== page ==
Snowdrift (A Writer’s Winter)

SNOWFLAKES SPUTTERED ON DRAFTS of air like meagre handfulls of confetti wearily tossed at a birthday party. The romance of winter’s silence was wearing thin on me; already the season had been peppered with bitter seconds of convulsing restlessness, and I’d just barely slogged through January.

From the window of my apartment I looked out into bleakness, frustrated in my search for words and longing to travel. My two white tormentors: the empty page and the snow-covered ground – both inhibiting me from something, I felt.

I’d been mulling over the idea of an escape, maybe down to El Paso to visit my grandfather, or out to see a friend in New York – it would still be cold there, but would at least provide a change of scenery. Yet I had this inkling that my restlessness would follow me, that perhaps it was tied up with my frame of mind.

So the day trembled on. I went out to go pick up sandwiches from a nearby coffee shop, and as I returned home the sun began to shimmer through the clouds. But I could feel its cheapness, it’s lack of warmth; it brought no hope for spring.

Intermittently in my attempts to write I scoured the Internet for music that might inspire me. I rattled through album reviews and thirty-second samples, yet nothing caught me. I stared back at the blank screen. It was the defeat of something undeclared – I didn’t know what I was trying to express, only that I was failing at it.

Later my fiancee and I went to catch a movie. The film was heartbreaking – a true story about the former editor of French Elle, Jean-Dominique Bauby, who lost all control of his body save his left eye after a massive stroke. Yet Bauby maintained the full capacity of his mind, and through a system of blinking not only learned to speak but was able to write a book, sharing his imagination and his experience.

As we left the theater, my own frustrations settled into the larger perspective.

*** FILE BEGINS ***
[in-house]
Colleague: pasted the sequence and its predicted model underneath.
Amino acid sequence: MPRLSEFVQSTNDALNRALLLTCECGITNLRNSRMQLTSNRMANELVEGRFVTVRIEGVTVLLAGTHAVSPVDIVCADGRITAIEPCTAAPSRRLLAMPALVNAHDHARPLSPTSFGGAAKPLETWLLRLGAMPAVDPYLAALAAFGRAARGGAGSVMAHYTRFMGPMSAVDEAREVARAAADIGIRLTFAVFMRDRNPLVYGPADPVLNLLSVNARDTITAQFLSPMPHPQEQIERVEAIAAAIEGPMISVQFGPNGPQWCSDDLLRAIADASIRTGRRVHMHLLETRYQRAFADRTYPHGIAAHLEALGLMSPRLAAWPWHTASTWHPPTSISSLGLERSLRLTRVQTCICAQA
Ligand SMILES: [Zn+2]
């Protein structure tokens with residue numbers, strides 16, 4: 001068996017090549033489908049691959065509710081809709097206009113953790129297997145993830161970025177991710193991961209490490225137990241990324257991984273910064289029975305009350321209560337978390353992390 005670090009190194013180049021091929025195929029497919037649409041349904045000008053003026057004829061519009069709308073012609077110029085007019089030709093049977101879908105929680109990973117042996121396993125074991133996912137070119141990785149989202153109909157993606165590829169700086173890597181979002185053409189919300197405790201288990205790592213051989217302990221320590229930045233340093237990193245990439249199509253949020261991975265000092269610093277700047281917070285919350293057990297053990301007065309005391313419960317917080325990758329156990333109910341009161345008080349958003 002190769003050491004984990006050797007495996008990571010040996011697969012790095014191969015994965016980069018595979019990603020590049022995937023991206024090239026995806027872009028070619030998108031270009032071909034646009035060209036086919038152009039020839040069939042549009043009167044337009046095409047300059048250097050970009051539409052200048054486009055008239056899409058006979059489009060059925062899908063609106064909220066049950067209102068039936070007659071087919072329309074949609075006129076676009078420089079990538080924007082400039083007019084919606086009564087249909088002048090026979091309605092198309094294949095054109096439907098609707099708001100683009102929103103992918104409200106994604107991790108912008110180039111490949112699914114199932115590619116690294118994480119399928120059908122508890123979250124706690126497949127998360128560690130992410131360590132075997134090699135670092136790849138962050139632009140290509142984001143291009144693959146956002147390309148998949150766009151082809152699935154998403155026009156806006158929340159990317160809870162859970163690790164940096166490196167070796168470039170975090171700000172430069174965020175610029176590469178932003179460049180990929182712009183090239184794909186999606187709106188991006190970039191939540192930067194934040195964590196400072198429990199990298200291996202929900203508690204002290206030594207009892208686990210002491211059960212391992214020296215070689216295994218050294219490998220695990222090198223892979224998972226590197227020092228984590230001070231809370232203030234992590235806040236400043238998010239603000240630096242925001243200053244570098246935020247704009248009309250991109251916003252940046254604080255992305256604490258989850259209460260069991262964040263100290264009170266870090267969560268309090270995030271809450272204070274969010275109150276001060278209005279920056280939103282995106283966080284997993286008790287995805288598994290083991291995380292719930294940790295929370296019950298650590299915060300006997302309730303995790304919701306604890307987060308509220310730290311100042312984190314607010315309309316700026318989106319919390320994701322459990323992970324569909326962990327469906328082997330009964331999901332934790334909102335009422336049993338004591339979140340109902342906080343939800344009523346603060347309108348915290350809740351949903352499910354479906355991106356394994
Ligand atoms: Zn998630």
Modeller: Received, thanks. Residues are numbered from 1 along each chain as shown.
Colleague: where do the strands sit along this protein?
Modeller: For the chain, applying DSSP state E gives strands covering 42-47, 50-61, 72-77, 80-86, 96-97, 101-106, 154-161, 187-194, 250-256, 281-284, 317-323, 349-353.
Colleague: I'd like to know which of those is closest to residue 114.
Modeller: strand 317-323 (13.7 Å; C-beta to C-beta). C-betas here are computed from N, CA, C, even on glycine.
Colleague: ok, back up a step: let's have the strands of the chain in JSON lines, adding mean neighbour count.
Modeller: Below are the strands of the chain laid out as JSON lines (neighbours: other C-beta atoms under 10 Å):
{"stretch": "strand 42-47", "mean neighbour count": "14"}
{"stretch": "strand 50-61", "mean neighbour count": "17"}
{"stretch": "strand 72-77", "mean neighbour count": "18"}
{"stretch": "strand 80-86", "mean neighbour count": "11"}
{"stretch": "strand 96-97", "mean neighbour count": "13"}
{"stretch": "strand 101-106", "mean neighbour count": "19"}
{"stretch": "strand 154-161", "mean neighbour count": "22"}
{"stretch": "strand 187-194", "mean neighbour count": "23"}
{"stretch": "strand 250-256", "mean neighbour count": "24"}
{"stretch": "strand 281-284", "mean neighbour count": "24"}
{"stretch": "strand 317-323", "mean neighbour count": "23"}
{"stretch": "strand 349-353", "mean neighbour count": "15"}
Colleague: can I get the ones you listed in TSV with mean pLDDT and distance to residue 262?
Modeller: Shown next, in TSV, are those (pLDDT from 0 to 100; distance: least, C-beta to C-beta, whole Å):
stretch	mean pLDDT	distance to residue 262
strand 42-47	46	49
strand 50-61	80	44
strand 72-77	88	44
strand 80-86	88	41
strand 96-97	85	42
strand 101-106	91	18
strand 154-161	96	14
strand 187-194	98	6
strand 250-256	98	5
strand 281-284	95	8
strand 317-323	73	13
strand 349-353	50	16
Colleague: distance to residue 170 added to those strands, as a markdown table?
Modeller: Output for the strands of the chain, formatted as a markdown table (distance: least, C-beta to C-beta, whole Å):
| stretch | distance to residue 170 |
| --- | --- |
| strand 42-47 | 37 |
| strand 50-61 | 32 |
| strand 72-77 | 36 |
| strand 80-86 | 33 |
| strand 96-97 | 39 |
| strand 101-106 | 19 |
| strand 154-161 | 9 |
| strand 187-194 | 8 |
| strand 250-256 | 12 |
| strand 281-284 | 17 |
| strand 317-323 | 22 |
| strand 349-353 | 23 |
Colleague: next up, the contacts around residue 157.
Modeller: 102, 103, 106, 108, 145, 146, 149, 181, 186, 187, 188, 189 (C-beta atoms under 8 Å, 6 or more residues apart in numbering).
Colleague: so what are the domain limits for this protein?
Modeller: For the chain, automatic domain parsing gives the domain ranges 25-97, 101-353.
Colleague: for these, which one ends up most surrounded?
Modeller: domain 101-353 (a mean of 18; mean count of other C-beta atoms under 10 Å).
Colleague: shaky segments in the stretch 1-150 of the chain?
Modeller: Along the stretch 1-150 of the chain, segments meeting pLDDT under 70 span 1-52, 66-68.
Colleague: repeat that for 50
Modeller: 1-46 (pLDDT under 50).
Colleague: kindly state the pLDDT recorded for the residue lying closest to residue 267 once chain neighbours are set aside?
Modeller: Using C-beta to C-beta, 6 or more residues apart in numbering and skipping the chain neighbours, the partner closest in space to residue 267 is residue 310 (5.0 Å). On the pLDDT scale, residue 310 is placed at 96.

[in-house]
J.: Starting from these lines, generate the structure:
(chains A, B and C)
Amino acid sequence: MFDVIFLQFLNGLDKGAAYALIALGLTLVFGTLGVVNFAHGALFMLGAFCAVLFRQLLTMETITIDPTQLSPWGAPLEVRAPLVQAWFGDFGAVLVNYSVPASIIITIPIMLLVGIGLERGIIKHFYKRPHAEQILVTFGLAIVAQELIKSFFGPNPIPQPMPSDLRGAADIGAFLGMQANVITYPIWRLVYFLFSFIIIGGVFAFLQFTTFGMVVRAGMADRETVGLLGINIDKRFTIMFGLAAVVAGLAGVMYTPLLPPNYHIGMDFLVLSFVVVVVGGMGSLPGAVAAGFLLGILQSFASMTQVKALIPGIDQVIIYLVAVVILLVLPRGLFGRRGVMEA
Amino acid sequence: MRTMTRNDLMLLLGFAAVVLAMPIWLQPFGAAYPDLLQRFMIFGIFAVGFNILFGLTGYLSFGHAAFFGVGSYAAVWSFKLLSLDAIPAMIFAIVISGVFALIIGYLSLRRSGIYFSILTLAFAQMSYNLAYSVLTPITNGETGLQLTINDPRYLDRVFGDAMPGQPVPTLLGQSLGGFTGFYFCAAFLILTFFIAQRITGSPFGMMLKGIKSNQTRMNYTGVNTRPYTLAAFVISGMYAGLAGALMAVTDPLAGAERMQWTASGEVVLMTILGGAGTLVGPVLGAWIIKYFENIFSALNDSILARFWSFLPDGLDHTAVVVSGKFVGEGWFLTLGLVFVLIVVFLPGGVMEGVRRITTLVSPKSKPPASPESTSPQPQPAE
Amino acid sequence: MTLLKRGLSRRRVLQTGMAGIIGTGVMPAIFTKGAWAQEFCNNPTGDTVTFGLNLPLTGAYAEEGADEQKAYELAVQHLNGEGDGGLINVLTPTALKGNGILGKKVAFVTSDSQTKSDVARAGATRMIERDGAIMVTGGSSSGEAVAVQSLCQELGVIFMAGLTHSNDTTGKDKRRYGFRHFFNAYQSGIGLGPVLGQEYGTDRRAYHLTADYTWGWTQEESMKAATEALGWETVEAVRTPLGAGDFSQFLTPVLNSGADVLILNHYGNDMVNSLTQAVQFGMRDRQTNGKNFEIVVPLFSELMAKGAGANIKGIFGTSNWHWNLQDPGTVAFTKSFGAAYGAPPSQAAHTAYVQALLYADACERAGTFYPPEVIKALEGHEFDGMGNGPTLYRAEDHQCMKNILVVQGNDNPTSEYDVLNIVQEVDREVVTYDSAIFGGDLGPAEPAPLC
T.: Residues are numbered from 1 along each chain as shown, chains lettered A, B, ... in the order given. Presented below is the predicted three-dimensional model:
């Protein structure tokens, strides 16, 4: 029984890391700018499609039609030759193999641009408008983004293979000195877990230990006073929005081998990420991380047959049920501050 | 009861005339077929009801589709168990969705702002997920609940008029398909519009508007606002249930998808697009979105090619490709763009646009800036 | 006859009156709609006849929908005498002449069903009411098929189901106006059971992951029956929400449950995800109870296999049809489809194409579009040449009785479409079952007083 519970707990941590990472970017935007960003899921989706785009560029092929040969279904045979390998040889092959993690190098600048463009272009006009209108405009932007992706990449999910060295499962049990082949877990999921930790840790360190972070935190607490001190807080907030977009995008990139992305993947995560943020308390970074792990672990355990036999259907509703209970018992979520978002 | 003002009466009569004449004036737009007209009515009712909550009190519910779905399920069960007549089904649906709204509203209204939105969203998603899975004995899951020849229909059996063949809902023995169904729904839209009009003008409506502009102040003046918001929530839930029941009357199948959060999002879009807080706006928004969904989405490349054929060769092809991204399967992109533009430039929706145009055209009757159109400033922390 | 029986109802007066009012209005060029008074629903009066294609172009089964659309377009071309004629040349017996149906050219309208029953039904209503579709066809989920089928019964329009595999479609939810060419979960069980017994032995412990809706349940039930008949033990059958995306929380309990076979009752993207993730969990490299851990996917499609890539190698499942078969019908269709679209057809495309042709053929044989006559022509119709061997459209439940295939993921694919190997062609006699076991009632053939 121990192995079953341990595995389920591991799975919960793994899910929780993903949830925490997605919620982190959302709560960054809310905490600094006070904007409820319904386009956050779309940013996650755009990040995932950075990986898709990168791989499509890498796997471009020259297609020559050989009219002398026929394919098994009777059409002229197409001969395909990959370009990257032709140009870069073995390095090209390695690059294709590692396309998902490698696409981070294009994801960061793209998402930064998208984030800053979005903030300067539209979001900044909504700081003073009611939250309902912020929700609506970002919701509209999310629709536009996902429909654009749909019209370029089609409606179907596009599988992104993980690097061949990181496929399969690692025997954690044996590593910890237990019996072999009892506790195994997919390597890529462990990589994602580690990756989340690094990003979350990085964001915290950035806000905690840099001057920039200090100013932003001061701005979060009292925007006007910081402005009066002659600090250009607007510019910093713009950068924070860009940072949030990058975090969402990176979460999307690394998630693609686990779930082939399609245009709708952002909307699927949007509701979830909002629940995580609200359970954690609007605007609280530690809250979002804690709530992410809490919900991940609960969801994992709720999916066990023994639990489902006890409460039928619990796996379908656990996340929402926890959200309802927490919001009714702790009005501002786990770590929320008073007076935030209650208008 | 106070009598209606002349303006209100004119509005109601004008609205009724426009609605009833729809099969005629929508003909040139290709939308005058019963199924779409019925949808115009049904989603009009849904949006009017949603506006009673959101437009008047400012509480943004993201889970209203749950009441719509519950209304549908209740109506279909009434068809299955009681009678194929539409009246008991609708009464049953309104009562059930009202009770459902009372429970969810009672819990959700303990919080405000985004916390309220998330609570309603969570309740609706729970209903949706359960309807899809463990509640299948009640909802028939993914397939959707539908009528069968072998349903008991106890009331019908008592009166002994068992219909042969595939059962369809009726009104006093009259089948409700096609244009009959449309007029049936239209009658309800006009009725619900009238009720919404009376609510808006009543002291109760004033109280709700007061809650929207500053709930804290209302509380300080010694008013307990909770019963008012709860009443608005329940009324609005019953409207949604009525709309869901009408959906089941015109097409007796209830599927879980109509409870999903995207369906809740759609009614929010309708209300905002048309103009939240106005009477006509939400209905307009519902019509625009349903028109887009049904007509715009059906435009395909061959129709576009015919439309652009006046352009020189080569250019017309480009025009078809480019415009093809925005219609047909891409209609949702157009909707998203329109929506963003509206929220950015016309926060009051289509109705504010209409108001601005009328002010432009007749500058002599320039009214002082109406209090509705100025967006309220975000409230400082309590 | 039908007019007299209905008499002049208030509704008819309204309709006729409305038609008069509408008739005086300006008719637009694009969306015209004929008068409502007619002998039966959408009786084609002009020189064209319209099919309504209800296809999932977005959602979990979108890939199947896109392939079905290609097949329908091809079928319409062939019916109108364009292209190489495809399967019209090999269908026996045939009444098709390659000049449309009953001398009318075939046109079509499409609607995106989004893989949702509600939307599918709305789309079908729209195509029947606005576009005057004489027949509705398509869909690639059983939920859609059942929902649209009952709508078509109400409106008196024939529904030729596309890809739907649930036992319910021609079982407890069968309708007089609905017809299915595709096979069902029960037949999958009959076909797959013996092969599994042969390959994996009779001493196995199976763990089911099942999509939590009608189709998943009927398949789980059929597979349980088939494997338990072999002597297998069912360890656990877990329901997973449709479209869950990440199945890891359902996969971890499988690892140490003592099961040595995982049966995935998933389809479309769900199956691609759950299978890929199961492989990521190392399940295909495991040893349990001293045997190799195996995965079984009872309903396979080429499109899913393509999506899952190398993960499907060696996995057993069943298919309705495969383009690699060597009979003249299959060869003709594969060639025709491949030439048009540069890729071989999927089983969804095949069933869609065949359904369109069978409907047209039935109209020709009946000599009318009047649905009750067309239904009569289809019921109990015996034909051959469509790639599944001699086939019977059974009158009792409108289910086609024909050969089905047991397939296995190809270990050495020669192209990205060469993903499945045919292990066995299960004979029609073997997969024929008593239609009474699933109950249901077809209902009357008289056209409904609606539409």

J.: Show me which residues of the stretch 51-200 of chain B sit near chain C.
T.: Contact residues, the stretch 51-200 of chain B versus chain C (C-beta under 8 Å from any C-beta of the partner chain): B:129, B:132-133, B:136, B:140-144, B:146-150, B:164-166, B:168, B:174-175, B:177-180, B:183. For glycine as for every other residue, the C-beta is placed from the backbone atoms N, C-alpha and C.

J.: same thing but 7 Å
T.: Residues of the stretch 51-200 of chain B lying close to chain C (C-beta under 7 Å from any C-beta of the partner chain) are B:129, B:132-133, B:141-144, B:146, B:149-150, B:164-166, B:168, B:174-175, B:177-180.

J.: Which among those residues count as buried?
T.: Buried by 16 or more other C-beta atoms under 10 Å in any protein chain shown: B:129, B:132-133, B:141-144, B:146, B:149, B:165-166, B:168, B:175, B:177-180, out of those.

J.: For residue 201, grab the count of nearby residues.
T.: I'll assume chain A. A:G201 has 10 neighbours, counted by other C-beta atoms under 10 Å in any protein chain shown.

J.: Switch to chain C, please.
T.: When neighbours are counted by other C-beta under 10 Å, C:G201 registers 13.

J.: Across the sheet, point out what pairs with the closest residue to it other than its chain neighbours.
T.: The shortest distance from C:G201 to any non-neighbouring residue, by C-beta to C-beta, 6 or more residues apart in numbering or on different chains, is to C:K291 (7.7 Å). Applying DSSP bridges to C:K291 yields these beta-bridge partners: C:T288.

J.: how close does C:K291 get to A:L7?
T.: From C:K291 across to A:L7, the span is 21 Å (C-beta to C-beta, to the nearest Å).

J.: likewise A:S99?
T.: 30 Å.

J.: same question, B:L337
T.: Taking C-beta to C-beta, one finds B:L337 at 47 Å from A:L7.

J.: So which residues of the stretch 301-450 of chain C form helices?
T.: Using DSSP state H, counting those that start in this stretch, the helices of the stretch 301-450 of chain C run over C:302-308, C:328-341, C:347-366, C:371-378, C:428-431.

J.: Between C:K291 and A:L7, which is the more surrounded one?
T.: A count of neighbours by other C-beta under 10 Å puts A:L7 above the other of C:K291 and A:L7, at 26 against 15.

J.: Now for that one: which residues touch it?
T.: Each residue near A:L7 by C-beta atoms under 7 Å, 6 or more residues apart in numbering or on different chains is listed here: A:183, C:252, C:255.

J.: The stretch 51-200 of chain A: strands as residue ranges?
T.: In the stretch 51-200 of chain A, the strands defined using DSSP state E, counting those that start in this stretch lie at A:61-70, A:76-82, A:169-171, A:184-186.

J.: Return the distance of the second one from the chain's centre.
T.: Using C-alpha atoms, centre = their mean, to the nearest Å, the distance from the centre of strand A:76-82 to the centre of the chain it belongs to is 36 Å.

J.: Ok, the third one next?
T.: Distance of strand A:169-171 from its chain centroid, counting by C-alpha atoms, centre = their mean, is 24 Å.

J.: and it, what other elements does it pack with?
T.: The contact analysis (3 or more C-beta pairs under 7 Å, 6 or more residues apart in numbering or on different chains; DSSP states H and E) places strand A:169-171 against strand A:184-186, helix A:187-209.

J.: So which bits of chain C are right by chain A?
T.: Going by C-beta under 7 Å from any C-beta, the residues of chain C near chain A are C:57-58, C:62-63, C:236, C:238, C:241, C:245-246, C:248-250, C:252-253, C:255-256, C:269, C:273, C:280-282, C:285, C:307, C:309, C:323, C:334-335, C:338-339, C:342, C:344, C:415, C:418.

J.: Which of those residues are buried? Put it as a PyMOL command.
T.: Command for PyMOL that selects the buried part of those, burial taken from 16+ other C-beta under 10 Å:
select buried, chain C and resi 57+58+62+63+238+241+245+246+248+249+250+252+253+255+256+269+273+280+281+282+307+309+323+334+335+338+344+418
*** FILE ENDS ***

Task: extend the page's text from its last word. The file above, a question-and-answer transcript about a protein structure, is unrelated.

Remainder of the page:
That night we waded through slushy streets to join friends for dinner and drinks. As we sipped on pints, a friend who’s had his share of confusing moments and stalled plans expressed to me new ambition – he was pouring himself into creative projects, attempting to leave something of himself in this city before heading to California.

Though we each owned to exhaustion with the cold, I could feel that he was breaking through to something; a driving energy to change his environment, a restlessness converted into action. He was juicing his time here as I was biding it, hoping for this dreary season to close.

As I walked to work the next day my thoughts were drawn out into the quiet morning air – they flitted like easy brushstrokes, soaking the empty streets in their color.

Photo: prairie in winter, by pawpaw67. madison.


2 Responses to “Snowdrift (A Writer’s Winter)”

  1. 1 Daun Allen February 4, 2008 at 3:40 pm

    You need a winter activity for your body as well as your quick witty mind. I ski 4 or 5 times a week in the winter. Not poking around on cross country skis but downhill with a chair lift that gets me to the top of a bluff in WI or MN or a mountain in Colorado, Montana, Utah or Idaho. Taos New Mexico is nice too, and I can only imagine traveling to France, Italy, Switzerland, Germany, New Zealand or South America to ski there in season. Hmmmm….
    I am Lauren’s old Mommie but I prescribe to the adage of use it or loose it, mind and body. Think about it.
    Lauren is working on rigging up a research job in Ecuador for UCLA to build her resume. I love my daughter.

  1. 1 A Bicycle, $1.50, and the Greatest Afternoon « The Daily Transit Trackback on February 9, 2008 at 1:47 pm
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